The Fat Boys Discuss Not Getting Their Props As Hip-Hop Heavyweights
The Fat Boys were some of Hip-Hop’s first stars. On wax and on screen, Prince Markie Dee, Buff Love, and Kool Rock-Ski translated as bigger than life personas. However, by the time 1987’s Crushin’ did just that on the charts, the newly-platinum trio seemed to “Wipeout” with some Hip-Hop purists.
In an interview with Rolling Stone‘s Will Hodge, Prince Markie Dee (aka Mark Morales) and Kool Rock-Ski (aka Damon Wimbley) looked back at their success, and how crossing over against their artistic wishes compromised their legacy. As they see it, The Fat Boys are under-sung pioneers, not the gluttonous gimmick they are sometimes remembered as.
The feature runs on the 30th anniversary of Crushin’ (August 14, 1987). That year, the Brooklyn, New York trio pivoted to Polydor Records, where they’d strike a Top 10 release, and their first platinum LP. That same year, Warner Bros. film studio released Disorderlies, a theatrical film with the Krush Groove standouts in the lead. It was reportedly part of a three-picture deal with the MCs formerly known as The Disco 3.
However, with that mainstream arrival came conflict. The group produced by early Hip-Hop star Kurtis Blow felt disjointed from their base. “I’ll be absolutely honest with you, Crushin’ was our worst album to do, even though it was our most successful,” Prince Markie Dee admits today. “We felt like it was the beginning of our downfall, specifically because of ‘Wipeout.'” One year earlier, Krush Groove cast-mates Run-D.M.C. struck major success reviving an Aerosmith hit through collaboration. The Fat Boys attempted to do the same with Surf Rock and The Beach Boys. “Wipeout” went to #10.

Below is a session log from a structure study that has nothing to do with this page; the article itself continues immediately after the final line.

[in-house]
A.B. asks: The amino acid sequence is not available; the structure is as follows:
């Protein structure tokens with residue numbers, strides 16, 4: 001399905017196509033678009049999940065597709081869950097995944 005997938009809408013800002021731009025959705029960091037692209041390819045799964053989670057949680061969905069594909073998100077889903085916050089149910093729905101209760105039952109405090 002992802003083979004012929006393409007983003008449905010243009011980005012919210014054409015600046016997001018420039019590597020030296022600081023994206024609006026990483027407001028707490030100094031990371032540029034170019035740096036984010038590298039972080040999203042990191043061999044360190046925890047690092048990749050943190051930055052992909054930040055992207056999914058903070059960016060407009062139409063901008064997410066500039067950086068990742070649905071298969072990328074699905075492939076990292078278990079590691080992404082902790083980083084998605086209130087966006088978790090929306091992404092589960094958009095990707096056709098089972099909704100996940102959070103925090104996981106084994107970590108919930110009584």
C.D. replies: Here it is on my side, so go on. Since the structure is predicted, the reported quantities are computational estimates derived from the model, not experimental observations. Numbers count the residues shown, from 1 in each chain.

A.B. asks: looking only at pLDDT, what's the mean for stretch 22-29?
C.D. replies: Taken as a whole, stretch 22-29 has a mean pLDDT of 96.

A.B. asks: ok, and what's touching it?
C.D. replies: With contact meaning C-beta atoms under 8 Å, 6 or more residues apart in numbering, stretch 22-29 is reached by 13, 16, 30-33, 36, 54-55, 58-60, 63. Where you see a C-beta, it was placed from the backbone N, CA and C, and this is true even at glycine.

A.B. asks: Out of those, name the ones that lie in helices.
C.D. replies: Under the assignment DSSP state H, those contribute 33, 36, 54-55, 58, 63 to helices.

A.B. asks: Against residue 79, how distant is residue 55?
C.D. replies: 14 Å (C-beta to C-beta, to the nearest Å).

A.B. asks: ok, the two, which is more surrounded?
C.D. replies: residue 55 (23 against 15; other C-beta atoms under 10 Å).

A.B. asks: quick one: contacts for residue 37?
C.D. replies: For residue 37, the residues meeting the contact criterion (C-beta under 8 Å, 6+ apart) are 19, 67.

“Wipeout” was a managerial suggestion. The group appeared with the mid-’80s lineup of The Beach Boys in their film. They bonded with the ’60s stars in the studio too. However, Hawaiian shirts and beachwear painted Mark, Buff, and Kool Rock-Ski in a different light. On subsequent albums, more Oldies covers followed. The group who made “Fat Boys” and “Can You Feel It” appeared to be more darling than daring.
“As far as our peers are concerned, I think we get a lot of love and recognition,” admits Markie Dee. “As far as the media though, I think we totally get ignored. … I think people look at Run-D.M.C. and Whodini as Hip-Hop artists and they look at us as comedians.”
“It’s impossible not to mention us in the same breath as Run-D.M.C., but we’re not always getting the props we deserve,” Kool Rock-Ski tells the author. “I think some people slight us because of the name or they only go by the songs that mention food and not classics like ‘Can You Feel It?’ or songs like that.” Moments later, he asserts, “We opened doors for groups like Big Daddy Kane, Heavy D, and Doug E. Fresh who often said that they were able to pick up the shows that we had to turn down because we were doing so much at the time.”
The group released three more albums after Crushin’—each less successful than the previous. Prince Markie Dee would exit the group to produce others and work as a record exec. In late 1995, Buff Love died of a heart attack in Queens, New York.
Elsewhere in the Rolling Stone interview, Morales recalls his engagement to Salt-n-Pepa’s Pep. The group revisits getting an impromptu TV union with unsanctioned spinoff group The Fat Girls, and filming at the former Beverly Hillbillies sitcom mansion.